Having recently finished construction on a retrofit project to improve environmental sustainability, no one could say that Algonquin College hasn’t put in effort to adapt to the challenges of climate change.
Algonquin’s administration put $9 million and over a year of resources into upgrading their energy storage system and solar energy access around the Woodroffe campus, with construction of their solar photovoltaic project ending on Oct. 31.
When it comes to further environmental action as well as past commitments, however, President Claude Brulé is hesitant to re-affirm or promise anything. This is especially true regarding former-president Cheryl Jensen’s 2018 commitment to Algonquin becoming a carbon-neutral campus.
“I would say we’re taking it under advisement,” Brulé said. “And we’ll react also to what different levels of government are able to signal to us and perhaps incentivize in order for us to continue down this road.”
The type of incentive that Brulé is referring to came in April 2018 in the form of a $9 million grant from the provincial government, which was the driving force in the solar photovoltaic project.
“We’ve done some projects to try to have a higher level of sustainability over time for the institution,” he said. “But, to say that it would lead us to being carbon-neutral, at this moment, the answer would be no – we’re not (carbon-neutral) right now.”
The solar photovoltaic project is one of these sustainability efforts. It is expected to provide sustainable green electricity by next year once it is fully connected to the school’s micro-grid, according to executive director of facilities management John Tattersall.
According to a McGill University paper on sustainability, “Sustainability means meeting our own needs without compromising the ability of future generations to meet their own needs.”
There are many ways to measure sustainability, and one of the tools that colleges and universities typically use to do so is the Sustainability Tracking Assessment and Rating System.
Both the University of Ottawa and Carleton University, as well as 980 other campuses worldwide, have registered their institutions with the system. Jonathan Rausseo is the campus sustainability manager at the University of Ottawa, and he is responsible for gathering all of the data and findings that go into determining the sustainability rating for a school.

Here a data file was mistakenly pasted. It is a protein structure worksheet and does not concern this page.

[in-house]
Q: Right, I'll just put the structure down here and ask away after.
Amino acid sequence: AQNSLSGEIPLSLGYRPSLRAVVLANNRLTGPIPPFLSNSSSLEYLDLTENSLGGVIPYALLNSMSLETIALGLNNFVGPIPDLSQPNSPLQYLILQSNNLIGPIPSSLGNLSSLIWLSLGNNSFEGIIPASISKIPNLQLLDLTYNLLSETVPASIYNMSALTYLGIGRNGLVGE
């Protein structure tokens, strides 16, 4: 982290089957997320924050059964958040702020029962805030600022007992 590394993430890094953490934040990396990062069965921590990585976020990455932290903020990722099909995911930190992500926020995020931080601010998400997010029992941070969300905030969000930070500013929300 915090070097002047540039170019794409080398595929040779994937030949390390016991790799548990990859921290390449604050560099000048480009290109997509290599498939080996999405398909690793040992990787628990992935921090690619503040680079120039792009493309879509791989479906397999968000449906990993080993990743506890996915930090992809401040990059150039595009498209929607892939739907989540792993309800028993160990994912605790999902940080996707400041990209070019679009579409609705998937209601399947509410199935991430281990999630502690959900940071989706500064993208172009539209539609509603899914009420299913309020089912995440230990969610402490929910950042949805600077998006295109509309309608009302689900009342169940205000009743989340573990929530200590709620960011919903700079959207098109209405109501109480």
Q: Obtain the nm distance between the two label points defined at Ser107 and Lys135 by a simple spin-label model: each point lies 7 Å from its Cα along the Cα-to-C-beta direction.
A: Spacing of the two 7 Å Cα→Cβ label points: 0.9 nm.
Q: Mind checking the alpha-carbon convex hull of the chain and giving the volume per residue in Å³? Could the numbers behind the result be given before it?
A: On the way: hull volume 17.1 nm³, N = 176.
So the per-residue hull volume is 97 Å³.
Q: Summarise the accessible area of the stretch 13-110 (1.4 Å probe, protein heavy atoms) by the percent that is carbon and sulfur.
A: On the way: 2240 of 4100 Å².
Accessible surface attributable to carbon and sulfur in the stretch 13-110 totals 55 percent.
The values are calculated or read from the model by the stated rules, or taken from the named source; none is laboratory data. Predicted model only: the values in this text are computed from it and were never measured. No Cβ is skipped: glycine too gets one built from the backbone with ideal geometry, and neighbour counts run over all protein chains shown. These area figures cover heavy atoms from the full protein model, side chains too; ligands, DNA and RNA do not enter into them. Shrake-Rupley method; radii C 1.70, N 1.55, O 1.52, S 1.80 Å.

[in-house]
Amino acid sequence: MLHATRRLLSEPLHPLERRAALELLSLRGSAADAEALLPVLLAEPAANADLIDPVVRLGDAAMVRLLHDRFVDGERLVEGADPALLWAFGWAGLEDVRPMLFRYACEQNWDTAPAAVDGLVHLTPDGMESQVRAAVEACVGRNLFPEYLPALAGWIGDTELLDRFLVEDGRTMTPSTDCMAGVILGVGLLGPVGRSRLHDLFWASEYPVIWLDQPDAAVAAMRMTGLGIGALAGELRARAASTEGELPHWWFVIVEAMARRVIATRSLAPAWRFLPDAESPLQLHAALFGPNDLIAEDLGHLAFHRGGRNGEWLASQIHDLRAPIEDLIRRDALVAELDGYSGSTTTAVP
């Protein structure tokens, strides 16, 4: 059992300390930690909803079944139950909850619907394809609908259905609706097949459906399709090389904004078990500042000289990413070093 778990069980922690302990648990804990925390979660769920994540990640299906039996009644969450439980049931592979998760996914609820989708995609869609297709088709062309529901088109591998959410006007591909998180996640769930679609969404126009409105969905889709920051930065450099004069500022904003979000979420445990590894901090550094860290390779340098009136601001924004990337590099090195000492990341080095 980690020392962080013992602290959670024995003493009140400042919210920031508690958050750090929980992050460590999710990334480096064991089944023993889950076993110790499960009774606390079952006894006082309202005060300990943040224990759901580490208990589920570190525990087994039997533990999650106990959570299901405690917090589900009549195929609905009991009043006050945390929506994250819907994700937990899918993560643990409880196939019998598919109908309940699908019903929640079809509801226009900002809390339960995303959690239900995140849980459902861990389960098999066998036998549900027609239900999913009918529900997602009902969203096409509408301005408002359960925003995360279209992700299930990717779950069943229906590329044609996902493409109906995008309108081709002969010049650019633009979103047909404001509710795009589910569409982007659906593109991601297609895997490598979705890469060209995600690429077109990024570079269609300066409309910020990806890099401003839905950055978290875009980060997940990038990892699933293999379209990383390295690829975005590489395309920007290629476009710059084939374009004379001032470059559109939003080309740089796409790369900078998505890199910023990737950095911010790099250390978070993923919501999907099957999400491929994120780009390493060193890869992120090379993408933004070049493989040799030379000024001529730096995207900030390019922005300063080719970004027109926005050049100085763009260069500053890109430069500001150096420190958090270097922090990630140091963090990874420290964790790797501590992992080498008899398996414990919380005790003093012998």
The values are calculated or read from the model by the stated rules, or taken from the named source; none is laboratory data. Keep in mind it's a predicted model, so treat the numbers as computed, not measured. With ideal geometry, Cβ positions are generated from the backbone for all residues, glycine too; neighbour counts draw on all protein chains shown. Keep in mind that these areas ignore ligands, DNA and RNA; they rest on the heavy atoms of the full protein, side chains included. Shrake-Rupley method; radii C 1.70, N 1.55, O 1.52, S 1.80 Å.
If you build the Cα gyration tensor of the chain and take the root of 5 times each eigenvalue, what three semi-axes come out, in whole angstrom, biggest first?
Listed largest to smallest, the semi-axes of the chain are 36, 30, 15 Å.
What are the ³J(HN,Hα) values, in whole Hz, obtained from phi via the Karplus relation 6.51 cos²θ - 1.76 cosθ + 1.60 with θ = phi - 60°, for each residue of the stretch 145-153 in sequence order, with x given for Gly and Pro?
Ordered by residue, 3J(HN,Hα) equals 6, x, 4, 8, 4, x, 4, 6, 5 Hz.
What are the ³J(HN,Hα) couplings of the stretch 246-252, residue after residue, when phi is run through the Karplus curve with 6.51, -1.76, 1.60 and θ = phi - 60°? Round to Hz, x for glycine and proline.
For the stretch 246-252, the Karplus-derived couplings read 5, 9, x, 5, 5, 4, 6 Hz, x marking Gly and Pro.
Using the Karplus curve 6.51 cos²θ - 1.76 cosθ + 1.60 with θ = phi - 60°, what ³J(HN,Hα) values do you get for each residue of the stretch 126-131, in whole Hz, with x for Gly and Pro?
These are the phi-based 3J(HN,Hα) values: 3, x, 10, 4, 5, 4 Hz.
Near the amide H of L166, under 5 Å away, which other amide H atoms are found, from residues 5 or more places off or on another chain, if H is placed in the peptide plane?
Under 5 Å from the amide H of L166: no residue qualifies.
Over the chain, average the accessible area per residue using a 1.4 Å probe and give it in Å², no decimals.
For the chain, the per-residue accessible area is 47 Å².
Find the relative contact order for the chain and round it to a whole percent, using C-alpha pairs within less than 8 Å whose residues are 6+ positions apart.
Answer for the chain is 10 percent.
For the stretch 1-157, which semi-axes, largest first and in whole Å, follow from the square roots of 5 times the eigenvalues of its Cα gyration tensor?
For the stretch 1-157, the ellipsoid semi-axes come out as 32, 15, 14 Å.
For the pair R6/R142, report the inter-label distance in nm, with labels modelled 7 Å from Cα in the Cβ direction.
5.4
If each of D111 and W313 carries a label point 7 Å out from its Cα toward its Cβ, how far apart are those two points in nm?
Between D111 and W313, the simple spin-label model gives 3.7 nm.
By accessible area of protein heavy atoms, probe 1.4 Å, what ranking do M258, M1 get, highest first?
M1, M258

Rausseo said that it would take a full-time employee approximately six months to gather all of the necessary information to register. There is also a payment required for STARS to rank the institution registering.
“Once you have collected the data, supplied all the background information, and gotten your institution’s president to officially sign off on an official letter, your report goes online,” Rausseo said.
According to Rausseo, the University of Ottawa signed up for several reasons. Showing a level of accountability and solidarity with other schools were priorities, but he noted that every school has their own reason.
Some schools have gone even further than registering with STARS, as Centennial College and the University of Toronto Scarborough are collaborating on a clean-technology venture with their new EaRTH district center.
The EaRTH district, which stands for Environment and Related Technologies Hub, will be a vertical farm that will allow students, the industry, and the community to experience what innovative technologies can accomplish sustainably.
Vertical farming is the production of food crops in vertically-stacked layers within a location. The EaRTH district will be Canada’s first net-zero energy vertical farm.